February 1, 2015 at 3:49 pm #72199
Im hoping this is the correct forum to be writing this. I will keep it short. I have a 20 year old that, in my opinion, is out of control. She does have a job as a server at a very popular restaurant in our city. Here are the issues: she drinks too much, smokes way too much weed and is the most disrespectful little person I have ever met. She does live in my pool house because she can not afford to move out. My BF and I just bought a house and we both work offshore. Currently I am away at work and my BF is home. My BF is a recovering alcoholic. We have both asked her not to bring any type of alcohol onto the premises but she continues to do so.. while he is home. I don’t condone the weed smoking and yet for years she keeps bringing it around. Currently she is at my mothers home an hour away. I have had enough and so has he. FYI… they do not see eye to eye and I am stuck in the middle. I honestly, do not want a partying 20 year old living with me. Its a very unhealthy situation. But, I cant just kick her out… she has no-where to go. My BF is convinced that a friend will take her in, but Im not going for it. He absolutely does not want her there. I understand his feelings.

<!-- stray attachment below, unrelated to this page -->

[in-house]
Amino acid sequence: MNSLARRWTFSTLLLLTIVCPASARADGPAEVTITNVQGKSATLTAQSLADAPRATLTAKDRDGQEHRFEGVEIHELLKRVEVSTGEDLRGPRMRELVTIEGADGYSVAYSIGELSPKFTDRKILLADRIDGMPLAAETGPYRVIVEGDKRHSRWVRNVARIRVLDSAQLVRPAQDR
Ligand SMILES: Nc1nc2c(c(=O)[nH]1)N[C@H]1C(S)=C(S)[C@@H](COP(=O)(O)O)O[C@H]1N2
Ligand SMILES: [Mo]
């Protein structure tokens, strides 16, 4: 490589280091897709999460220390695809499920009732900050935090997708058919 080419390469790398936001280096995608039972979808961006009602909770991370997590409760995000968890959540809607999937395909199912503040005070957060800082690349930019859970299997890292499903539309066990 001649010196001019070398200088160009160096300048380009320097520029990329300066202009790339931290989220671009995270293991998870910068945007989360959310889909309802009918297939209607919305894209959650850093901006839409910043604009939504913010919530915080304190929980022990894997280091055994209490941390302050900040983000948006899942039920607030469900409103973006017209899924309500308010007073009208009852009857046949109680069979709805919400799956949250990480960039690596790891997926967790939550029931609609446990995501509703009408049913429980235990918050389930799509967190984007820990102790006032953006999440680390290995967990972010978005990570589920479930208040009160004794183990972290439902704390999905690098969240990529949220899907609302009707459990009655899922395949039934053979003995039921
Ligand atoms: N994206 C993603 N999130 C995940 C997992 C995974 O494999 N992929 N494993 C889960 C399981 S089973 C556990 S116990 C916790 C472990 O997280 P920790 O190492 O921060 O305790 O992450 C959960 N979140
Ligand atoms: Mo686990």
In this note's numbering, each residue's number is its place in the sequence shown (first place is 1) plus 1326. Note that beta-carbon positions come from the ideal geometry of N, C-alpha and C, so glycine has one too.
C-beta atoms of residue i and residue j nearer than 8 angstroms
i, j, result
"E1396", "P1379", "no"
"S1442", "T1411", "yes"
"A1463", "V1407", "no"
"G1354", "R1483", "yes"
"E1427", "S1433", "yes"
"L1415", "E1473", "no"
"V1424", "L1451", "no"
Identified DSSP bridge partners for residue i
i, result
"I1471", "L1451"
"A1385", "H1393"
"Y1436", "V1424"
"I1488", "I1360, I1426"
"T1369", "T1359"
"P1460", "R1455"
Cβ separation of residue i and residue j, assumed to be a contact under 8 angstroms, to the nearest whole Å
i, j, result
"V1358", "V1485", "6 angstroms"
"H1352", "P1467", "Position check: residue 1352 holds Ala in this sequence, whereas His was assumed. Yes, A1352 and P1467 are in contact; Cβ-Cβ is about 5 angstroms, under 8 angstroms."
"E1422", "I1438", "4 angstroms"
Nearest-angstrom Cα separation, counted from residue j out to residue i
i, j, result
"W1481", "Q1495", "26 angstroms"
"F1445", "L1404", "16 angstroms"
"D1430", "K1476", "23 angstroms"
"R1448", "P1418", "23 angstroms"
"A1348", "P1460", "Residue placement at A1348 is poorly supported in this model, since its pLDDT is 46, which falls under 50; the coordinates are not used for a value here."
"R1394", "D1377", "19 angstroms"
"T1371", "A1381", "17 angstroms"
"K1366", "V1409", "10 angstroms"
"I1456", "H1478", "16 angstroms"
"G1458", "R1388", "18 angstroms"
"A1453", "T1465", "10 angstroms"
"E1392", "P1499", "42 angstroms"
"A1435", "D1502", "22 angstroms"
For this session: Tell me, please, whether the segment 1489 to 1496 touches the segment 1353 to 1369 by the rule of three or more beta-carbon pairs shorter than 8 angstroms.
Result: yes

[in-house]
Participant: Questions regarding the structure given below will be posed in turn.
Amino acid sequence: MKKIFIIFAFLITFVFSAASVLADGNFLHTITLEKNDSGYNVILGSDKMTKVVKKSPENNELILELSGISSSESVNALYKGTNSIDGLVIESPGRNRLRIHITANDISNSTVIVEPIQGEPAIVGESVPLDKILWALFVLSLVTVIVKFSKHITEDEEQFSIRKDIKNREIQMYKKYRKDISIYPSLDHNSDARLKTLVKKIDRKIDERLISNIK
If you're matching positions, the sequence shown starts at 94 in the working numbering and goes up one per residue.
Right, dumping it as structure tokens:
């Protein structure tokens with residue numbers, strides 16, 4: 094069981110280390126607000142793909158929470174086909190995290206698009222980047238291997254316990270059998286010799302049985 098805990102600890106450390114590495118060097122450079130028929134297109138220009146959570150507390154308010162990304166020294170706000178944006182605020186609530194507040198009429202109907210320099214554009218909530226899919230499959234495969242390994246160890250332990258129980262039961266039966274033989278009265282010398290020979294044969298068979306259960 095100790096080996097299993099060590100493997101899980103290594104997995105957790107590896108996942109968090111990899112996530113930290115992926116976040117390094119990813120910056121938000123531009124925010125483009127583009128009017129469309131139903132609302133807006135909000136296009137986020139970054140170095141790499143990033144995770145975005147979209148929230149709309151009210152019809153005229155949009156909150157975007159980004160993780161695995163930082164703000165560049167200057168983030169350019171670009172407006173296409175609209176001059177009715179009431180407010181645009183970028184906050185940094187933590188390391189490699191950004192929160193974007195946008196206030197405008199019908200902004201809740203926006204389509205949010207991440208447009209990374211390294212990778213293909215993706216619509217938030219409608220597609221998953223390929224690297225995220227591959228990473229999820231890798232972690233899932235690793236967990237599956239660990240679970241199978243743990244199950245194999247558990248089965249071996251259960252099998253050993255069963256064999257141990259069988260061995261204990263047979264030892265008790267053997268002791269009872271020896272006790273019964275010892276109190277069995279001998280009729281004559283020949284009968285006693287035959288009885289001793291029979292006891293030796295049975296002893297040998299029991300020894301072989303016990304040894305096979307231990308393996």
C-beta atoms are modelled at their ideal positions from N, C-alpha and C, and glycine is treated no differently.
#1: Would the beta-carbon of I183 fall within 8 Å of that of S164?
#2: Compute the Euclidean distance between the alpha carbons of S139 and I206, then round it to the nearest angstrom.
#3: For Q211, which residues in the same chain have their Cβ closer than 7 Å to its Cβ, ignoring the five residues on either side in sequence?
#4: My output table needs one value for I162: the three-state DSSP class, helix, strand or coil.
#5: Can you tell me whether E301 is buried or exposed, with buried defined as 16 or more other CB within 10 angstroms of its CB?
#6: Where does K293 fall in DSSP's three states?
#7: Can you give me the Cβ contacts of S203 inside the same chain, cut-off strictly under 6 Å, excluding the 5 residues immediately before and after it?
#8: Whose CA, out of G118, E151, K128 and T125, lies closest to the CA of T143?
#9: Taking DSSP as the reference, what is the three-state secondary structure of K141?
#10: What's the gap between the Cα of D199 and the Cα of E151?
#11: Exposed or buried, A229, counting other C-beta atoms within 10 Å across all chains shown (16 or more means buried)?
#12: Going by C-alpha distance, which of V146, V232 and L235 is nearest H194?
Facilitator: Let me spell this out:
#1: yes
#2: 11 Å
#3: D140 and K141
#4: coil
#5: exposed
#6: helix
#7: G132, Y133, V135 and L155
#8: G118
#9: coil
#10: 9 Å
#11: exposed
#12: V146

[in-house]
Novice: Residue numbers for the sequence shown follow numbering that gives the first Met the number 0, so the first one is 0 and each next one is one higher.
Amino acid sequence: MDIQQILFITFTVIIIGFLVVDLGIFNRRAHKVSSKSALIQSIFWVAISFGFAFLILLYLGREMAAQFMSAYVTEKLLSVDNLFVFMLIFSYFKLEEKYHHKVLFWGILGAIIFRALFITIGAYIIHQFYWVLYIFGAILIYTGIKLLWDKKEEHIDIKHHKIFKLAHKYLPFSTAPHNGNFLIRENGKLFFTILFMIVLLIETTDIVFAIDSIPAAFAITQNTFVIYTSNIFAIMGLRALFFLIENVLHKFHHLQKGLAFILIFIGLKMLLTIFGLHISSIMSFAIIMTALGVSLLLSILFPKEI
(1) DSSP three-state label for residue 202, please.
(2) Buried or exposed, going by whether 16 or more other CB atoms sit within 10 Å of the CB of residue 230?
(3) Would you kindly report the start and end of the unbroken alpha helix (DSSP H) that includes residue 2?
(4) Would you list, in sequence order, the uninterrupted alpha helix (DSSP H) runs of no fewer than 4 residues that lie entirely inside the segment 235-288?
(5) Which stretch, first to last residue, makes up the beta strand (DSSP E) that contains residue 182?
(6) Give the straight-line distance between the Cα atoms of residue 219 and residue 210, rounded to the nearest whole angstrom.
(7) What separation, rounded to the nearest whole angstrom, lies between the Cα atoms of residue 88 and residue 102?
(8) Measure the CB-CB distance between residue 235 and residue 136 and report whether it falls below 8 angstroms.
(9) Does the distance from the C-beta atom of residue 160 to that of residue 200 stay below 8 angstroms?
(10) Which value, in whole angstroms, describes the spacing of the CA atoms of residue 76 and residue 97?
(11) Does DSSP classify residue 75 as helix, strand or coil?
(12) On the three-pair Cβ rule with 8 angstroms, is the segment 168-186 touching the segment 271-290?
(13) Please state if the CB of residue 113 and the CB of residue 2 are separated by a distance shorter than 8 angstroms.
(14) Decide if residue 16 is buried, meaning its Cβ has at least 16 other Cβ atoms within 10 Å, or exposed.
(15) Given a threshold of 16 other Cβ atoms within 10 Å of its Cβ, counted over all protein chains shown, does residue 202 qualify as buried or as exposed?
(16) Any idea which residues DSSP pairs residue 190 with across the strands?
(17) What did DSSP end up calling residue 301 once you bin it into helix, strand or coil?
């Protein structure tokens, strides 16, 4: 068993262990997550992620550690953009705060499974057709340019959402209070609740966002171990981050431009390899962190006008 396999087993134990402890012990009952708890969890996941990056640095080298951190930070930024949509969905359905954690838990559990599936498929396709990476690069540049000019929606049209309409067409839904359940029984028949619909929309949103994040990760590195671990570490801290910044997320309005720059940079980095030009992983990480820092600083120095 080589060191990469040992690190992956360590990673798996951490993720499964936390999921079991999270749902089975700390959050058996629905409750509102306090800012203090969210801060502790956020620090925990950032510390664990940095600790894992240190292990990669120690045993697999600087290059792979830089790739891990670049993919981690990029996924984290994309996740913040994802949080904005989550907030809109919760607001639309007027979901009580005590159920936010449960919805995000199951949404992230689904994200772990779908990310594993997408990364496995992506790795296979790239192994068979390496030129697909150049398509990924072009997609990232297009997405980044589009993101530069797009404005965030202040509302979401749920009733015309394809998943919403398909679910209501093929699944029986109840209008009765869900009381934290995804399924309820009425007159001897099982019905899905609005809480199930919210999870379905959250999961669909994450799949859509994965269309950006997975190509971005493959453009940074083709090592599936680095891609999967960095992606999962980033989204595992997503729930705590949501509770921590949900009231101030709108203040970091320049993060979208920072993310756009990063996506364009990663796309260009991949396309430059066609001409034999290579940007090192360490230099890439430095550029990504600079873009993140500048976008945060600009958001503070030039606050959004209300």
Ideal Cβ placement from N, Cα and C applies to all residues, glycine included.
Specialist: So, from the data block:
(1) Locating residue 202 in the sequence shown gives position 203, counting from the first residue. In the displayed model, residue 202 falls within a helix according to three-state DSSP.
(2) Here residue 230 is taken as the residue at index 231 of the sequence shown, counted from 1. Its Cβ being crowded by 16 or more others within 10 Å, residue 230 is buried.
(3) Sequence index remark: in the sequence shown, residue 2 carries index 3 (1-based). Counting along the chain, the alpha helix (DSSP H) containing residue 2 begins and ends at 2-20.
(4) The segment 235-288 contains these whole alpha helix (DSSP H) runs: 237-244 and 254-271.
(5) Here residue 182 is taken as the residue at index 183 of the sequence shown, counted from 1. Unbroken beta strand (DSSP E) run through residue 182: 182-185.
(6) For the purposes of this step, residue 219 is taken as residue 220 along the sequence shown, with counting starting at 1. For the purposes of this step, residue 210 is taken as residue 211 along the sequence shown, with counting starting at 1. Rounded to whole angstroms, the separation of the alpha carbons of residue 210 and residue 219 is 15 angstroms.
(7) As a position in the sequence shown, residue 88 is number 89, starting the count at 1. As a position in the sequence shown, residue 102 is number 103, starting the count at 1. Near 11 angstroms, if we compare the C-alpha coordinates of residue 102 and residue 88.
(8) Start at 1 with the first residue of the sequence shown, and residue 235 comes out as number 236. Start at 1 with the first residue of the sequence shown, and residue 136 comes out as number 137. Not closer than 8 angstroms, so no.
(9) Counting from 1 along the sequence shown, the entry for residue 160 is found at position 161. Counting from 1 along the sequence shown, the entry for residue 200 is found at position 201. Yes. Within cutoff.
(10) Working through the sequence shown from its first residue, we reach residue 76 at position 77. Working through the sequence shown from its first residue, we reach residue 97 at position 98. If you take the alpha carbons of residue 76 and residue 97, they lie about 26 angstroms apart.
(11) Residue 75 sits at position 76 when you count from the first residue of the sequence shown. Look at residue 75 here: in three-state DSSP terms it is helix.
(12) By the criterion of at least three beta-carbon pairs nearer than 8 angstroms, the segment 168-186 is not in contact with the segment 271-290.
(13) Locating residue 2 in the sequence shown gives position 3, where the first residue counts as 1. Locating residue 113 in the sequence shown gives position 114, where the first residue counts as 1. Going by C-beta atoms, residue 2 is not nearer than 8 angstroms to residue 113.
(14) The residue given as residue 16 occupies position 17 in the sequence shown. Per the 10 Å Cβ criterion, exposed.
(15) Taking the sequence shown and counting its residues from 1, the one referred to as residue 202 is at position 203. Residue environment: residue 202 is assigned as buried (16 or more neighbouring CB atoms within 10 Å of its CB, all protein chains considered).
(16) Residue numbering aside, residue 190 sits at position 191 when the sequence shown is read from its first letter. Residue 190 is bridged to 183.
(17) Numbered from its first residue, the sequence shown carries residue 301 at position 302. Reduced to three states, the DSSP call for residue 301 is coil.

I just would like some advice on how to handle this situation. Im sorry Im being vague, Im at work but I really needed to get this out.
Thank you, and I will respond with more details if neededFebruary 1, 2015 at 5:16 pm #72208trusttheflowParticipant